US 4838866 A
Air entrained in a pumped liquid is released from a pumping chamber operated by a single piston and having an outlet passage controlled by a back-seating valve biased closed by a spring, when the piston near the end of its compression stroke causes positive mechanical engagement to open the outlet valve.
1. A pump for drawing in a liquid charge and ejecting it against substantial superatmospheric back pressure, comprising a closed chamber, a piston reciprocable as a single unit in the chamber, said piston being the only piston in the chamber, means mechanically connected to the piston to reciprocate it in the chamber, an inlet passage and an outlet passage connecting with the chamber, inlet valve means adapted to back seat to close the inlet passage during the compression stroke of the pison and oppositely movable to open the inlet passage, outlet valve means adapted to back seat to close the outlet passage during the return stroke of the piston and oppositely movable to open the outlet passage, resilient means biasing the outlet valve means closed, and means movable by the piston and adapted to cause a mechanical engagement which positively presses the outlet valve means open and which initiates such opening of the outlet valve near the end of the compression stroke of the piston, thereby positively opening the outlet valve means and thus facilitating escape of any air which might otherwise remain in the chamber.
2. A pump according to claim 1, in which said means movable by said piston is secured to the piston.
3. A pump according to claim 1, in which said means movable by the piston is secured to said outlet valve means and is engageable by said piston near the end of its compression stroke.
4. A syringe comprising a pump according to claim 1, and an injection needle connected to the pump outlet passage.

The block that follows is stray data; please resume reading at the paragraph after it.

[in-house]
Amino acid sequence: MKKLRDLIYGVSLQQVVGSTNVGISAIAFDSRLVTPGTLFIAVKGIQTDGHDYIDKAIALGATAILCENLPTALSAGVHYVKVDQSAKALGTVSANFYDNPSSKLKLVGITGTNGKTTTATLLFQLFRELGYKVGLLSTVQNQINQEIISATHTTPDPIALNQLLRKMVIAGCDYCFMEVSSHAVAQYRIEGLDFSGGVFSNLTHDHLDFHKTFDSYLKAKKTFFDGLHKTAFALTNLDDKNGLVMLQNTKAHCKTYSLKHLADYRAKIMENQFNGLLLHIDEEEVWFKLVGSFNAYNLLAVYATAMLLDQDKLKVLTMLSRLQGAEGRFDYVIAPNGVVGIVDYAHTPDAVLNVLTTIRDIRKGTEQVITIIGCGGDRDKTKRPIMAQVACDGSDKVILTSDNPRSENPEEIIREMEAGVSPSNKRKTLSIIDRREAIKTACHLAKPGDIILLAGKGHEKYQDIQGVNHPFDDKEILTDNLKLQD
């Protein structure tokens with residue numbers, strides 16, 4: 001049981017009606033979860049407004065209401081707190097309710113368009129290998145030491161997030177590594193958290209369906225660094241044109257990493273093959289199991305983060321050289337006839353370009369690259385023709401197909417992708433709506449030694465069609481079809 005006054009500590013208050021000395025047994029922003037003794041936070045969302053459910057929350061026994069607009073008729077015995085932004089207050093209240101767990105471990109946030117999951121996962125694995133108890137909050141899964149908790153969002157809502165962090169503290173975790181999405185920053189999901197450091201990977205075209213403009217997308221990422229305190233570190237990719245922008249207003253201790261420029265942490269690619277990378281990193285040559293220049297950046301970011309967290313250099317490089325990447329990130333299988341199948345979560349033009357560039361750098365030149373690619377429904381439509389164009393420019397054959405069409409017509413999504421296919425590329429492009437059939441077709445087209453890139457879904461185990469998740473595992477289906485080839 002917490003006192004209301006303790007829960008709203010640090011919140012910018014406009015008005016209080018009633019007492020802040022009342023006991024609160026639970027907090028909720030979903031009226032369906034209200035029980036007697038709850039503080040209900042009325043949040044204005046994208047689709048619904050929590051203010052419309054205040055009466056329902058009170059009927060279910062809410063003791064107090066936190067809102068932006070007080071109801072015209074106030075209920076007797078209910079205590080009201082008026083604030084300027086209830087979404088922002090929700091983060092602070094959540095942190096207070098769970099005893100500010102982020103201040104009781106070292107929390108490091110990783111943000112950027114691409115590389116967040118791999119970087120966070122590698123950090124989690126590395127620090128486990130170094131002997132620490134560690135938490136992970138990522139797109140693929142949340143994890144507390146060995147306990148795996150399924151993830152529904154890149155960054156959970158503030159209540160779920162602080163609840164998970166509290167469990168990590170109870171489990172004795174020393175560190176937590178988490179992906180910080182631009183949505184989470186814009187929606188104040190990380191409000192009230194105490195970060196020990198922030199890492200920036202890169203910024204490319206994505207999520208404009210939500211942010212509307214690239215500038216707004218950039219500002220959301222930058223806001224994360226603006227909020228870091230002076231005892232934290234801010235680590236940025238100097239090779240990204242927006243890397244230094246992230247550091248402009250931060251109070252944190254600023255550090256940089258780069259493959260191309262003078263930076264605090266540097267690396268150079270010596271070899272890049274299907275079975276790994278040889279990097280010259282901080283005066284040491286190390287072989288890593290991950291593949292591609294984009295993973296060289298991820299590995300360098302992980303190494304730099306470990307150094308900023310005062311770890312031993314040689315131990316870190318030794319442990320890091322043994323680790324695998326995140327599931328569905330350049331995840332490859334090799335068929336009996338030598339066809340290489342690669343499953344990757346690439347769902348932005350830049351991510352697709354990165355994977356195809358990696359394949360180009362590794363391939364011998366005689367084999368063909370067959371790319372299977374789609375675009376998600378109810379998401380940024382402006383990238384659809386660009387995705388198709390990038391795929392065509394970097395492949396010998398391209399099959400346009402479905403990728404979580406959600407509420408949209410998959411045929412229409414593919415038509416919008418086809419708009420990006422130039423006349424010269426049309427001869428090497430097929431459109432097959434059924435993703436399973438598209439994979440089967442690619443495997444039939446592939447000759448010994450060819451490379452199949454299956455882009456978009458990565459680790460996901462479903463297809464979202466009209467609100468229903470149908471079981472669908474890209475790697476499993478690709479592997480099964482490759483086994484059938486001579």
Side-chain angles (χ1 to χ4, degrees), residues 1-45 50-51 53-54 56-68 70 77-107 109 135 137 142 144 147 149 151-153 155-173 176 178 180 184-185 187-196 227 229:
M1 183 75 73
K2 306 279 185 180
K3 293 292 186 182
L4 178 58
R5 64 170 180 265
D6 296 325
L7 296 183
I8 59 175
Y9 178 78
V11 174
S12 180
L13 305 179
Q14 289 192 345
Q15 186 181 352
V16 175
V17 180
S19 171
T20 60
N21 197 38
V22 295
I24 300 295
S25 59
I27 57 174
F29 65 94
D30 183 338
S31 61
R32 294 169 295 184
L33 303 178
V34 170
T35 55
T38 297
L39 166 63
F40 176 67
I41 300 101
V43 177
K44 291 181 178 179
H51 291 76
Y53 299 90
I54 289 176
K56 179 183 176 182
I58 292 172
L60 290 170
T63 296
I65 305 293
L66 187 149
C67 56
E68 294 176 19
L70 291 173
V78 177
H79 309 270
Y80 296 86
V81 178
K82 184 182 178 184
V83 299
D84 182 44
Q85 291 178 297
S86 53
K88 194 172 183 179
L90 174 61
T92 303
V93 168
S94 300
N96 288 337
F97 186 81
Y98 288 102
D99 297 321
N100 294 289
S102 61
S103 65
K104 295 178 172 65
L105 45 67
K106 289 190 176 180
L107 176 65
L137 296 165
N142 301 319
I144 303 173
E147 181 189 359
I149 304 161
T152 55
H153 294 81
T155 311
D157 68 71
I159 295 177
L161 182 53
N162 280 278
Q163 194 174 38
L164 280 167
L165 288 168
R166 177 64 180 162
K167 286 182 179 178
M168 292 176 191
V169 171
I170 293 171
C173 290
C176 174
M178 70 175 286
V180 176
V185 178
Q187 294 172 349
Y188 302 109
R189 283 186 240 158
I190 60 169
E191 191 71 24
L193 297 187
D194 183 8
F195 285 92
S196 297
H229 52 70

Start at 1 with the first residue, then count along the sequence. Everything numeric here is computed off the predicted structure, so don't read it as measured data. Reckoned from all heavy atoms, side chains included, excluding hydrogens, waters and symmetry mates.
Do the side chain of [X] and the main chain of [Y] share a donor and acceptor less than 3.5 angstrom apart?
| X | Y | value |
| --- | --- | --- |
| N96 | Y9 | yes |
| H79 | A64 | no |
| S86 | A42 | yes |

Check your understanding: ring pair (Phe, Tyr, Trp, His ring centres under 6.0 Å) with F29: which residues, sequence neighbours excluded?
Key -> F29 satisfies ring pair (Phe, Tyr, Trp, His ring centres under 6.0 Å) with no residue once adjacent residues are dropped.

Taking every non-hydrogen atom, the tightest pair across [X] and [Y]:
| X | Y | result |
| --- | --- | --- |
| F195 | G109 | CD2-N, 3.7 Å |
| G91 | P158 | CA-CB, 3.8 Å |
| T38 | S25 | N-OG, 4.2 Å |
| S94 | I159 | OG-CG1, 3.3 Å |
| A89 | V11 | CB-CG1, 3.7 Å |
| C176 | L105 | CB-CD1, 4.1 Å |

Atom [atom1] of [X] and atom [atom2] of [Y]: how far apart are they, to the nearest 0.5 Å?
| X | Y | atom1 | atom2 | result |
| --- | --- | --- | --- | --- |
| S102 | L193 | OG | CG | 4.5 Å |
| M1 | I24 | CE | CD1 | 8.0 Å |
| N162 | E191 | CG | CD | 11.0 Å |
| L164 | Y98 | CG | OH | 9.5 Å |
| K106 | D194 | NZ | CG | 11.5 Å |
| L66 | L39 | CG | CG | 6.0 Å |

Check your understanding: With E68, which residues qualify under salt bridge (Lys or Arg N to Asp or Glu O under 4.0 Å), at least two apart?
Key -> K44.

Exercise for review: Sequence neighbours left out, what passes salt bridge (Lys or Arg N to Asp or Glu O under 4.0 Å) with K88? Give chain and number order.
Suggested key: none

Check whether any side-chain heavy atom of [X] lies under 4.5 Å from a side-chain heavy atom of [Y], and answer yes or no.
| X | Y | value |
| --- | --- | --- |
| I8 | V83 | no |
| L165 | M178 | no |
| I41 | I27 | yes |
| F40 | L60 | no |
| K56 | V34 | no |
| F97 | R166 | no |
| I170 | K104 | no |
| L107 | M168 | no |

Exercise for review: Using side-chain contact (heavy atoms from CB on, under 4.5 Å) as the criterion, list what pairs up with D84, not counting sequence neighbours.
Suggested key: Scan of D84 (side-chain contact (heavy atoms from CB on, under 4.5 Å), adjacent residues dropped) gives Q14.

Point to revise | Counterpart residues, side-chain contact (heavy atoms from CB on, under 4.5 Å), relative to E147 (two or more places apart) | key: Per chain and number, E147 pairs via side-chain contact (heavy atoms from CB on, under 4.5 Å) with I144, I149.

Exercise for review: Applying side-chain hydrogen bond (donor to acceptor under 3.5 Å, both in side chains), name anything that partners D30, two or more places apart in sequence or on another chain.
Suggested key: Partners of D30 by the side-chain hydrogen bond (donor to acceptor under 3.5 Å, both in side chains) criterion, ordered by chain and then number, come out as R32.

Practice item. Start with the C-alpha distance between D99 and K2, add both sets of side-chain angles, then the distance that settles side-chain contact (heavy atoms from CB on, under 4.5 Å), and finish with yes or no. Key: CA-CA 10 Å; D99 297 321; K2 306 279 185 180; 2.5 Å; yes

5. A fuel tank with drain means comprising a pump according to claim 1.
6. A pump according to claim 1, in which the means movable by the piston is adapted to initiate pressing the outlet valve means open and when the piston has completed about 97 percent of its compression stroke.
Referring now to the accompanying drawings, there is shown a syringe 10 having a plunger in the form of a piston 12 mounted to reciprocate in a bore 14 through a syringe body 16 on a fixed mount (not shown). The back of the piston is secured to a piston rod 18 slidable through a hollow cylindrical sleeve 20 removably secured in the body 16. A compression spring 22 extends around the rod 18 and engages the back of the piston and the inner end of sleeve 20 for resiliently pressing the piston away from sleeve 20. An O-ring 24 around the piston opposes escape of fluid past the piston along bore 14. A drive connection 25 reciprocates piston rod 18 by drawing it back against spring 22 during the return stroke and permitting spring 22 to move rod 18 and piston 12 forward during the compression stroke.
The syringe body 16 has a removable end piece 28 in which bore 14 is formed. A coupling 29 is mounted on end piece 28 for receiving the base of an injection needle. A compression chamber 30 is formed in end piece 28 in the space between the front end of piston 12, the piston of bore 14 in which the piston moves, and a conical wall 32 formed in end piece 28 to close the inner end of bore 14. The large end of conical wall 32 joins the inner end of bore 14, and the small end of conical wall 32 connects with one end of a passage 34 extending through end piece 28 parallel to the direction of movement of piston 12. An inlet passage 36 extends through end piece 28 and a fitting 38, and opens into passage 34 near its entry into compression chamber 30. The part of passage 34 between its connection with inlet passage 36 and compression chamber 30 forms a two-way passage 34a. The other part of passage 34 forms a one-way outlet passage 34b connecting with a passage 35 through coupling 29.